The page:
From time to time, fellow bluestockings ask us, “I really liked this book. Do you carry something similar?” So today, as we put the finishing touches on Bas Bleu’s 2018 Book a Month packages (they are so good, y’all), we compiled a list of “books recommending books.” The titles in these pairings aren’t exactly alike: Yes, some have similar plots or subject matter, but others are kindred spirits in terms of character, theme, or mood. We hope you’ll find something new you’ll enjoy! (All of the suggested “try this” titles are available for purchase on our website. Just click on the book cover.)

If you liked this…

Try this…

Fans of Mrs. Mike, about a city girl from Boston who moves to the wilds of Canada and marries a Mountie, can snag a special edition of the beloved 1947 novel (specially bound with Mrs. Mike’s sequel, The Search for Joyful) when our 2018 Book a Month selections debut in October. In the meantime, you won’t want to miss Tisha, the heartwarming and adventurous tale of nineteen-year-old Anne Hobbs, who traveled to a remote corner of Alaska in 1927 to become a schoolteacher in the hardscrabble mining community of Chicken.

If you liked this…

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Unlike Agatha Christie’s classic, this atmospheric whodunit from the 1930s does allow its players to leave the train. But fans of that setting-driven tale will relish this murder mystery starring an eclectic cast of characters stranded together in an unusual location.

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Catherine Howard, Henry VIII’s fifth wife, was queen for less than two years before she was executed. The charges: treason and adultery. The truth: more complicated than you might think.

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Jane Austen is certainly a tough act to follow, but fans of the gentle Fanny Price may recognize a kindred spirit in the plucky, eponymous orphan at the heart of this historical novel about a young woman forging her path and finding her place in a makeshift family.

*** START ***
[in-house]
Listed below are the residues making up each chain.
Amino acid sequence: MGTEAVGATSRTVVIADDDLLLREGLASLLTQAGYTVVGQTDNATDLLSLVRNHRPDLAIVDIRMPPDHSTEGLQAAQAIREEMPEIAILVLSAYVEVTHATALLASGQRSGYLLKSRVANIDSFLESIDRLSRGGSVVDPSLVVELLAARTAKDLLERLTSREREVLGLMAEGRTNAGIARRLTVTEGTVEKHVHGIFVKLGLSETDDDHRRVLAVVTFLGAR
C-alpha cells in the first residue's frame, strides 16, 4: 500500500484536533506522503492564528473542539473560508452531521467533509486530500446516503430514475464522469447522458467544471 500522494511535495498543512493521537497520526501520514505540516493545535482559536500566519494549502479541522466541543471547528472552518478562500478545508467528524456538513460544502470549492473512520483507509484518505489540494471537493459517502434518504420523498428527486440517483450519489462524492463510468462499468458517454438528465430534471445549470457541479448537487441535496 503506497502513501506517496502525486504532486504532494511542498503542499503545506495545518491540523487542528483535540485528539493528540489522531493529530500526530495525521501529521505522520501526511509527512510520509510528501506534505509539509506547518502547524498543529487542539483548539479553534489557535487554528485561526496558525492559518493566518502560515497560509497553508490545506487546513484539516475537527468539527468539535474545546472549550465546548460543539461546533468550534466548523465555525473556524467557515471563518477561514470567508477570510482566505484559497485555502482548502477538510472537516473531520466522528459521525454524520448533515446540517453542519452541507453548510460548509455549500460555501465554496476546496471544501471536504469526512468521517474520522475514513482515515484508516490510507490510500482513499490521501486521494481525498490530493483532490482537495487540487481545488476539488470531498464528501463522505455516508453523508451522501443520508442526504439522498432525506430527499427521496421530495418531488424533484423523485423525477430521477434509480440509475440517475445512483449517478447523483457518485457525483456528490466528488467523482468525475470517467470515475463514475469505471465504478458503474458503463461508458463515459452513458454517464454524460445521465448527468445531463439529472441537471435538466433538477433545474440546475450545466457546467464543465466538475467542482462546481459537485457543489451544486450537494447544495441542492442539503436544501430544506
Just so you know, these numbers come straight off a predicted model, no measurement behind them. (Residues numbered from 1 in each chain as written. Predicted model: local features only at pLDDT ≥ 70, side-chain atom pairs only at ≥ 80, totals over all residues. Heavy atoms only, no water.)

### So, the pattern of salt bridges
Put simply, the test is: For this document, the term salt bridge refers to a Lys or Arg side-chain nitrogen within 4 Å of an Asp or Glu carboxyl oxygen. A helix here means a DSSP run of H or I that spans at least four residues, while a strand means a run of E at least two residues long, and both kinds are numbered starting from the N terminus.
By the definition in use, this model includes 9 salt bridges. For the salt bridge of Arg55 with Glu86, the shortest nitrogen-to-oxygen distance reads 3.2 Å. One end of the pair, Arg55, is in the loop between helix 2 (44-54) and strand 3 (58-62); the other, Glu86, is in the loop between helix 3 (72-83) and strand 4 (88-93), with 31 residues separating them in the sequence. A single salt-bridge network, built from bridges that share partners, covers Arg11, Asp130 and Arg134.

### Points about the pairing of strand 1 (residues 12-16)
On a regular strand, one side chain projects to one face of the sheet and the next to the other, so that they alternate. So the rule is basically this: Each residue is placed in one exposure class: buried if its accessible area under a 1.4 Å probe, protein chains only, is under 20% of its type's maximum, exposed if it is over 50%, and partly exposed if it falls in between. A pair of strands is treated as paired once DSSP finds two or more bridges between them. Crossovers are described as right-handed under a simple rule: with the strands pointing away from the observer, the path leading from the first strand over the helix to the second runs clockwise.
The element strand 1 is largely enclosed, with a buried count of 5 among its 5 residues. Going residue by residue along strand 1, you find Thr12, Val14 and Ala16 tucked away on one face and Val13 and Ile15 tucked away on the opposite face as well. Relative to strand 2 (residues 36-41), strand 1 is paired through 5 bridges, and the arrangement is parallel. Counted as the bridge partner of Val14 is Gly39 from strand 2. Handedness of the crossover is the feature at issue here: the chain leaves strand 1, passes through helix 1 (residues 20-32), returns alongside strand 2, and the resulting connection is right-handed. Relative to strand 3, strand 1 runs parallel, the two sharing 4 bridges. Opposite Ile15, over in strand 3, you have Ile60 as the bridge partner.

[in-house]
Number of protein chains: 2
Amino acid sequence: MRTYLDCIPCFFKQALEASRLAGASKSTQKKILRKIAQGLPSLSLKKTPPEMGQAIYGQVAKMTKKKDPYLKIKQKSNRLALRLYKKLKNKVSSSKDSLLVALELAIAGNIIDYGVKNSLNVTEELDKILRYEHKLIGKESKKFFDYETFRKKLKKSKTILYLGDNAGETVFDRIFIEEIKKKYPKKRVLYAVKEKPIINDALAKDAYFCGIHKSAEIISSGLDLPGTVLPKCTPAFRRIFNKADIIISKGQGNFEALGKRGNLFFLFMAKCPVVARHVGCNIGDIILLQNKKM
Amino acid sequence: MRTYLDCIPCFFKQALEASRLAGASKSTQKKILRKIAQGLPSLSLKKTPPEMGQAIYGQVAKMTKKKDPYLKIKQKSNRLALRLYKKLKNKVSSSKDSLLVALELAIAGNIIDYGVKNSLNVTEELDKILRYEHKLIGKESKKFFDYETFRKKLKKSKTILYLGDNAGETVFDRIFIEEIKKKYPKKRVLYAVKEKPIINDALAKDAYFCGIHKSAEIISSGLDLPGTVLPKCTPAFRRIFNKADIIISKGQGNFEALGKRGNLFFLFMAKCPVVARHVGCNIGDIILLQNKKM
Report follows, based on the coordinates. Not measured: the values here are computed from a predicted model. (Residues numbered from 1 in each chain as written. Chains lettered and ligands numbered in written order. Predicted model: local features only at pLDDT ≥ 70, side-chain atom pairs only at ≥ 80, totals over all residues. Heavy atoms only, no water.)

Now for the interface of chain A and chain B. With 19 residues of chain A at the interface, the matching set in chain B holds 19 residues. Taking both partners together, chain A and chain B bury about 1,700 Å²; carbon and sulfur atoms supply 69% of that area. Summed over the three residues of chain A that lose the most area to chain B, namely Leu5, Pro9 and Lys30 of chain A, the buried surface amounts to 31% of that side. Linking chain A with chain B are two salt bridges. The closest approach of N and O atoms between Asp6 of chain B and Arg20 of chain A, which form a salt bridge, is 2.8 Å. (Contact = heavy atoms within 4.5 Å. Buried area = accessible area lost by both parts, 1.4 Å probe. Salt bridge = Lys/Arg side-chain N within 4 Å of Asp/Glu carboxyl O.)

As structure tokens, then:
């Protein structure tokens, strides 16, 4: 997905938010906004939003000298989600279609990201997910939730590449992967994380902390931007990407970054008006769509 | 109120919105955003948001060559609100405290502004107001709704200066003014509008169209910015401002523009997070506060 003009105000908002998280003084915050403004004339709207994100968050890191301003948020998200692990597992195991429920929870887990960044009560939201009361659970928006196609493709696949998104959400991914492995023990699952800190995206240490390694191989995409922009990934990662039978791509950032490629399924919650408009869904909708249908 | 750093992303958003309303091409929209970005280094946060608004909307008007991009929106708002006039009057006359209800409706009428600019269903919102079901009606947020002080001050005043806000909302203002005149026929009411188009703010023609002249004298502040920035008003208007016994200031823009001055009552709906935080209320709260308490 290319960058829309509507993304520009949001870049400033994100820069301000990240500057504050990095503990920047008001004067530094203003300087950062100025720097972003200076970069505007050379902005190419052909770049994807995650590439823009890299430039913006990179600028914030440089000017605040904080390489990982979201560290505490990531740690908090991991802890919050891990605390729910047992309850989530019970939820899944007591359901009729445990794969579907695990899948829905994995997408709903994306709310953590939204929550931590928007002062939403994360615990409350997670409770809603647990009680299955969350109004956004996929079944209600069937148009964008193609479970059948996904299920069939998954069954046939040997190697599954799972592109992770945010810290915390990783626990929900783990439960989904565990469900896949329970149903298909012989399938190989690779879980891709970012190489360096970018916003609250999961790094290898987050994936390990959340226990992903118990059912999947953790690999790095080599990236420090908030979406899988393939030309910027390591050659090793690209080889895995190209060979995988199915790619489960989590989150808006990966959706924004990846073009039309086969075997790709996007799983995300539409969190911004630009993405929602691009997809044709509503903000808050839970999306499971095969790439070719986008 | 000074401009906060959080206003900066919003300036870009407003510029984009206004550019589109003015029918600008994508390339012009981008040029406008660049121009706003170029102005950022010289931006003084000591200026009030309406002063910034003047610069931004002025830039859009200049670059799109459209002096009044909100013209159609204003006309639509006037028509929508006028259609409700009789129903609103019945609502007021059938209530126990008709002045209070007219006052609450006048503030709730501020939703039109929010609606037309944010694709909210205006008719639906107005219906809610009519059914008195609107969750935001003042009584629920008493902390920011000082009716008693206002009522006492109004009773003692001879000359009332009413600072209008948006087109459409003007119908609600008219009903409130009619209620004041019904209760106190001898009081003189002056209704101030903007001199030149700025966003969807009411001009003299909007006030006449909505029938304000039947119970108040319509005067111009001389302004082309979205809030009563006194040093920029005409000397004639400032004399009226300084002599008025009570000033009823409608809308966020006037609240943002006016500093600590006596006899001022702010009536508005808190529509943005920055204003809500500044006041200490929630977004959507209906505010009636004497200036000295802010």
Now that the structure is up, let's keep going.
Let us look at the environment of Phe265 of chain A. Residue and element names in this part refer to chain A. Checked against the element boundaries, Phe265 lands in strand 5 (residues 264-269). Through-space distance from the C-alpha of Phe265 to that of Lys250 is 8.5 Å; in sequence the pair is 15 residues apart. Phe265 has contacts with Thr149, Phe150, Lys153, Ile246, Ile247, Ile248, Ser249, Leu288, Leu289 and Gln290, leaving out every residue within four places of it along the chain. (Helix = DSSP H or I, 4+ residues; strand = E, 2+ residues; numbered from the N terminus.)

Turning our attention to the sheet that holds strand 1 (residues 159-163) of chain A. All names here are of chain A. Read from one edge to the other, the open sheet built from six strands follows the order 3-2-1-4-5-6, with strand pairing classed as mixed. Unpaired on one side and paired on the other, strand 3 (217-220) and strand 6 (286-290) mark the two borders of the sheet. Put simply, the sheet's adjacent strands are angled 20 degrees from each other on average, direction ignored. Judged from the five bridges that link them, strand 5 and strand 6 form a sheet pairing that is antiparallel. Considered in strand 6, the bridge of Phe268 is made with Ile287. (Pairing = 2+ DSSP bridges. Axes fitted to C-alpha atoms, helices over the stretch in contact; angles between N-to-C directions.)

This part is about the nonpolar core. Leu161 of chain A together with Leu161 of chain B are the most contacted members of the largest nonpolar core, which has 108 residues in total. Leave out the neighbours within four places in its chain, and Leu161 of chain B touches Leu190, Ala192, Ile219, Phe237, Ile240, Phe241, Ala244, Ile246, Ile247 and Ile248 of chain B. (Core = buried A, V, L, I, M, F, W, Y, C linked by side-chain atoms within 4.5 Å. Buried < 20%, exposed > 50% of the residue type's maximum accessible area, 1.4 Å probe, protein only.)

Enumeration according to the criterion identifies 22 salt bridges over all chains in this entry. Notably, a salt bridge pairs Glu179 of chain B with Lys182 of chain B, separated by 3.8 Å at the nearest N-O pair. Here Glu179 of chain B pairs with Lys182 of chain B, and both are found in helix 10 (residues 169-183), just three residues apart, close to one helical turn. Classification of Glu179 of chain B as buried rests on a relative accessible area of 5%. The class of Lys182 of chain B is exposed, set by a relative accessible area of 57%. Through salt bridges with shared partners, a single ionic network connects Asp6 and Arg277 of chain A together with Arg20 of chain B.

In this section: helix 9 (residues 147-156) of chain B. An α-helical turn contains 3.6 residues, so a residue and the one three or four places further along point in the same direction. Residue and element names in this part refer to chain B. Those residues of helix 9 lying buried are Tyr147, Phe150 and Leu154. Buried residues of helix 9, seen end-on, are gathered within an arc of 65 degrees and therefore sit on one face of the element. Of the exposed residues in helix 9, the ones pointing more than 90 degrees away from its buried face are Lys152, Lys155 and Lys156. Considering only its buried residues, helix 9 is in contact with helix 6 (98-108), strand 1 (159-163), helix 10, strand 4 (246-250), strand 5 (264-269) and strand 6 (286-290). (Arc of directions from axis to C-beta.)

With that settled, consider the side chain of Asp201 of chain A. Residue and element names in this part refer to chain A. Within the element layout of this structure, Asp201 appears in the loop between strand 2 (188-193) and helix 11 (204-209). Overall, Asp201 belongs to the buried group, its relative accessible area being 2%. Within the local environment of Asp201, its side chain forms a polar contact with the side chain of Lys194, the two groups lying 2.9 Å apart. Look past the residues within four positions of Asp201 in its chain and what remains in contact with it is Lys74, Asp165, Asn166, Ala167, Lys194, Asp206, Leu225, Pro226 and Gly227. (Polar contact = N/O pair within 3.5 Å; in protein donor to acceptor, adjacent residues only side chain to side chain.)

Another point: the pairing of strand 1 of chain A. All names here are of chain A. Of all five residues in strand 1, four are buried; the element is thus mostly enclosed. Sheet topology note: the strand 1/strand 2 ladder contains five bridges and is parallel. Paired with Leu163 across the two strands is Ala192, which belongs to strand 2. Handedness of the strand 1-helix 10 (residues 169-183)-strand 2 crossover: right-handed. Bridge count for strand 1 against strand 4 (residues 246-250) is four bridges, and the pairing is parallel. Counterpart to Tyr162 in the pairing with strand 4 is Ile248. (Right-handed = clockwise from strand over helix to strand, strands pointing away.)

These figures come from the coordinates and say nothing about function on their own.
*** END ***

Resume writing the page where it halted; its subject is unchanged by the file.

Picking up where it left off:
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The Nazi plunder of fine art during World War II has come to the forefront of news and culture in recent years, but the Nazi theft and destruction of tens of millions of books is less well-known, in part because books are considered less economically valuable. But their significance is unmistakable in Anders Rydell’s engrossing account of what happened when the Third Reich set out to exterminate entire populations and their literary cultures.

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Both Maisie Dobbs and the eminently capable Kate Shackleton served as nurses during World War I, and both have sacrificed men they love to that terrible conflict. But that’s not the only reason we think these two amateur detectives would get on wonderfully; both are smart, perceptive women who put their intellect to good use in these mysteries that are rich in time and place.

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The lives of Henrietta Lacks—the black woman whose cancer cells became one of the most important cell lines in medical research—and George and Willie Muse—two albino African-American brothers lured away from their home by the unscrupulous Ringling Brothers—are different in so many ways. Yet all three were victims of racial injustice in America. Unlike Lacks, the Muse brothers found some justice during their lifetimes, thanks to the fierce advocacy of their mother.

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Daphne du Maurier’s classic 1938 novel about the effect the first Mrs. Maxim de Winter has upon the second is a psychological thriller that defies expectations. The same can be said for Du Maurier’s later novel (1951) about a young man who suspects his cousin’s widow of murder, but finds himself inextricably drawn into her web of mystery and seduction.

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As Americans, it’s easy to forget how present World War II was for English civilians doing their part to stand fast against the Nazi juggernaut bearing down upon their homes. While the island of Guernsey was occupied by Germans, both of these epistolary novels offer atmospheric accounts of what life might have been like for the women and children left behind by their soldiering men…yet who faced dangers and dramas of their own.

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